In connection with the effectiveness of BASEL III, most banks are required to decide whether to elect to opt-out of the inclusion of Accumulated Other Comprehensive Income (“AOCI”) in their Common Equity Tier 1 Capital. All non-advanced approaches institutions (i.e. banks less than $250 billion in total assets with less than $10 billion in on-balance sheet foreign exposure) will need to indicate whether they are making the AOCI opt-out in their March 31, 2015 Call Reports. This is a one-time election and generally irrevocable, except in the limited cases of subsequent mergers between institutions with different elections.
As a reminder, AOCI includes such items as unrealized gains and losses on certain securities.
For institutions that opt out, most AOCI items will not be included in the calculation of Common Equity Tier 1 Capital (and thus Tier 1 Capital generally). In other words, most AOCI items will be treated, for regulatory capital purposes, in the same manner in which they were prior to BASEL III. (Unrealized gains and losses on available-for-sale debt securities will continue to be excluded from regulatory capital; unrealized losses on available-for-sale equity securities will continue to be recognized in regulatory capital; and up to 45% of unrealized gains on available-for-sale equity securities will continue to be recognized in Tier 2 capital.)
For institutions that do not opt out, most AOCI items will be included in the calculation of Common Equity Tier 1 Capital (and thus Tier 1 Capital generally). (Unrealized gains and losses on available-for-sale debt and equity securities will be recognized in Common Equity Tier 1 Capital.)
Neither the BASEL III rules nor the Call Report Instructions require approval by the institution’s Board of Directors in making the AOCI opt-out election. The BASEL III rules merely state that an institution making the election “must make its AOCI opt-out election in the Call Report…” for the period ending March 31, 2015.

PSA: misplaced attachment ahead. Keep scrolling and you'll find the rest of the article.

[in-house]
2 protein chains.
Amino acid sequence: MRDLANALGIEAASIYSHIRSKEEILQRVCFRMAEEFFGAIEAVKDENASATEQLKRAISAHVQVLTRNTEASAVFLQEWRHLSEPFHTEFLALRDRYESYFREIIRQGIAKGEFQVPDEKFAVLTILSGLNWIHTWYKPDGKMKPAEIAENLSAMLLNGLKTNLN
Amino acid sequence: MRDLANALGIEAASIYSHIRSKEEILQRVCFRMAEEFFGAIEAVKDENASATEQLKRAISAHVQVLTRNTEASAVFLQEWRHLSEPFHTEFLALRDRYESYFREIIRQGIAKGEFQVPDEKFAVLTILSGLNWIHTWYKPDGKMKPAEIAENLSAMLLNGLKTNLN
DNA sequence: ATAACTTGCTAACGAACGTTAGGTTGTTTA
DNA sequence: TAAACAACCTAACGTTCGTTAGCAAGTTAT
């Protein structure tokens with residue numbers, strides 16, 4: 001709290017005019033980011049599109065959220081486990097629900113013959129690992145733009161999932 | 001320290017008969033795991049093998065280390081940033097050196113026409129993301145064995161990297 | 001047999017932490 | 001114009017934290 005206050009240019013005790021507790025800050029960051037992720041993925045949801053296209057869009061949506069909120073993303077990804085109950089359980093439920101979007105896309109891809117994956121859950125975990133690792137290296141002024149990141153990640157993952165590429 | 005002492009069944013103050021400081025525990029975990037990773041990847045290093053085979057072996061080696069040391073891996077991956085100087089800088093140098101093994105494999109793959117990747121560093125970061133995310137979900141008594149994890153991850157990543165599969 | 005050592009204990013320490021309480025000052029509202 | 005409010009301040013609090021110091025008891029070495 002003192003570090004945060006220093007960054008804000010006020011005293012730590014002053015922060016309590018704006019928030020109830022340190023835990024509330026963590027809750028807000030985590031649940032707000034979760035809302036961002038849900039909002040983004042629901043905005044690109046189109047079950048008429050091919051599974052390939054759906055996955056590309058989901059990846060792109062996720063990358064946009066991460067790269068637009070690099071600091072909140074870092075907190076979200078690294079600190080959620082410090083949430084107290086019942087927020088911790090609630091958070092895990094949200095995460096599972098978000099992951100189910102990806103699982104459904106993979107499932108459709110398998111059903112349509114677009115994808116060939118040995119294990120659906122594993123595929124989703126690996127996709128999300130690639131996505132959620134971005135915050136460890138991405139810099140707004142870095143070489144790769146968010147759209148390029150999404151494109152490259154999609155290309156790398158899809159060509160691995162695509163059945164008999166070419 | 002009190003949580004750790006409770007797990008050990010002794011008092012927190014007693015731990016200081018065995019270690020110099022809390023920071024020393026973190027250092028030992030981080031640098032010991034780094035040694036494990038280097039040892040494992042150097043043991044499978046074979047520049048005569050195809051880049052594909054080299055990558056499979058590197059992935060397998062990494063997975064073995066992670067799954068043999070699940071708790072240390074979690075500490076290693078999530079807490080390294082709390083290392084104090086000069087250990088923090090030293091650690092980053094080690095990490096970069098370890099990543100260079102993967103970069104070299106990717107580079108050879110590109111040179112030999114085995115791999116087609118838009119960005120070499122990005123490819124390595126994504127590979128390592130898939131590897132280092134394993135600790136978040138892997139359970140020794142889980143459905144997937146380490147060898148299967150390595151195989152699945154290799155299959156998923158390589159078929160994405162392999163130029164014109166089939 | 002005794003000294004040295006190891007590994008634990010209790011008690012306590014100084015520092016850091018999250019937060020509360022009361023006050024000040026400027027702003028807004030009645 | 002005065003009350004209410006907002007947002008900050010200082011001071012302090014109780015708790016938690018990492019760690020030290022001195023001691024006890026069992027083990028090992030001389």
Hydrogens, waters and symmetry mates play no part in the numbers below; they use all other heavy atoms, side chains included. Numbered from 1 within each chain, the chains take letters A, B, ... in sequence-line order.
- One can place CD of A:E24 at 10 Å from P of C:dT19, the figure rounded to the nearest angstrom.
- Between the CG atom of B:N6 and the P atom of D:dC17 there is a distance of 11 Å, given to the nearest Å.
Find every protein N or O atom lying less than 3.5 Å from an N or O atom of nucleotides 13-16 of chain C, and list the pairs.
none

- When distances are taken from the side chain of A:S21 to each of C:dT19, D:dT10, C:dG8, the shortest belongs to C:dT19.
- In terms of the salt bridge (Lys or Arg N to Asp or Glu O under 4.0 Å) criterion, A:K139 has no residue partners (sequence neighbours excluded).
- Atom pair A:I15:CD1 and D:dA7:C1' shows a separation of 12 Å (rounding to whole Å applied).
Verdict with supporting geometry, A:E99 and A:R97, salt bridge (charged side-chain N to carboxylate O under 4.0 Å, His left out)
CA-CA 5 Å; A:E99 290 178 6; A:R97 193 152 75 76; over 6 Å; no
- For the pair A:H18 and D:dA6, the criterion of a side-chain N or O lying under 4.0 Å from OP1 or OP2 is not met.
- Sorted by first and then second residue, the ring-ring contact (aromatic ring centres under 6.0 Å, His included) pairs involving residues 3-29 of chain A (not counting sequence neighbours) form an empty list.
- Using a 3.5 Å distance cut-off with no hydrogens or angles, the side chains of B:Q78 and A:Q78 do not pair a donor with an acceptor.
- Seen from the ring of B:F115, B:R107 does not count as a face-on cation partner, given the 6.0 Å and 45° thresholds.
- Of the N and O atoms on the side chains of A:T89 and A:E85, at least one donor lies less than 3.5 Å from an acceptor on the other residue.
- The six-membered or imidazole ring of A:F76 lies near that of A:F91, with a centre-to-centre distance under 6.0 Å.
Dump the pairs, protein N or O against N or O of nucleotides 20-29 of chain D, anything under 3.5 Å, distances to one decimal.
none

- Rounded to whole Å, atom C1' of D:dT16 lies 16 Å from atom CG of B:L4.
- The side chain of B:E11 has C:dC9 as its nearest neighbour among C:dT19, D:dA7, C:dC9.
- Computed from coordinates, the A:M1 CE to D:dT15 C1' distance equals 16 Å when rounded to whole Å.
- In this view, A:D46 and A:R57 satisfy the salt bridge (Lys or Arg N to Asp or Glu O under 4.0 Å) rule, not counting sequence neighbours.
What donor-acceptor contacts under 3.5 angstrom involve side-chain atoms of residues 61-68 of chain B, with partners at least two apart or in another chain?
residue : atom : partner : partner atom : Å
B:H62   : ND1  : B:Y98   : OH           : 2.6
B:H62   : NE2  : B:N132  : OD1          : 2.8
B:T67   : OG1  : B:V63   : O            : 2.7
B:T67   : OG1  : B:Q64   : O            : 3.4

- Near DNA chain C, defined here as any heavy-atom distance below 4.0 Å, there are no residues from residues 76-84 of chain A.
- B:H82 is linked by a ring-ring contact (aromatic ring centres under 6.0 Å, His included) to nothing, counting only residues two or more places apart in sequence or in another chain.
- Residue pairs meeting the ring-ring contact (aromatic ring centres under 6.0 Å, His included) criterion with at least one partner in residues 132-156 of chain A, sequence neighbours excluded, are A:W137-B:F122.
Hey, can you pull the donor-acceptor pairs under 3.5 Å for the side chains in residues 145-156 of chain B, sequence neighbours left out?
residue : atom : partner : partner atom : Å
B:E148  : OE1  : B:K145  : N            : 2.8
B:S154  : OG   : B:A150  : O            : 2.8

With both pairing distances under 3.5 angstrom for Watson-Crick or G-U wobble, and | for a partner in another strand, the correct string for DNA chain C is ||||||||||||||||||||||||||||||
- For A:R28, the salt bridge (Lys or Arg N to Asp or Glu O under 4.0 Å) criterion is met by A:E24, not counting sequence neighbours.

The March 31, 2015, Call Report forms and instructions for Schedule RC-R, Regulatory Capital will illustrate how to make this election on the reporting forms. In addition, all Call Report instructions since March 31, 2014 have included the instructions under Part I.B. of the Instructions for Schedule RC-R. (Part I.A will be deleted in the March 31, 2015 Call Report, with Part I.B renamed Part I.) Pursuant to these Call Report instructions, “An institution that makes an AOCI opt-out election must enter “1” for “Yes” in item 3.a. [of Schedule RC-R, Part I].” Institutions electing not to opt-out of including AOCI in their Common Equity Tier 1 Capital will enter “0” for “No” in item 3.a.
For de novo institutions formed after March 31, 2015 (which presumably will some day exist), the AOCI opt-out election will be made in their first Call Report.
Accordingly, no formal action is required of the Board of Directors by the BASEL III rules or Call Report Instructions. However, given the irrevocable nature of the election and the potential for it to have a material impact on the future capital levels of the institution, we believe it is appropriate for the Board of Directors to be fully informed of the institution’s intentions with regard to the AOCI opt-out election, with the ability to reverse management’s recommendation if so desired by the Board.
The Georgia Department of Banking and Finance has taken a similar position in its January 2015 Bulletin:
The board of directors of all state-chartered, non-advanced approaches institutions should consider carefully all implications of this election in both the long and short terms, as well as in different economic environments. The Board of Directors should fully document discussions of the decision made in its Board meeting minutes. This election is irrevocable and the Department of Banking and Finance (“Department”) encourages the board of directors to fully understand the implications of this election well before the filing of the first quarter 2015 Call Report.
Even if the AOCI opt-out election is made, remember that regulatory examiners are likely to continue to consider the amount of unrealized losses in the investment portfolio (and exposure to the possibility of unrealized losses) when qualitatively assessing capital adequacy and liquidity.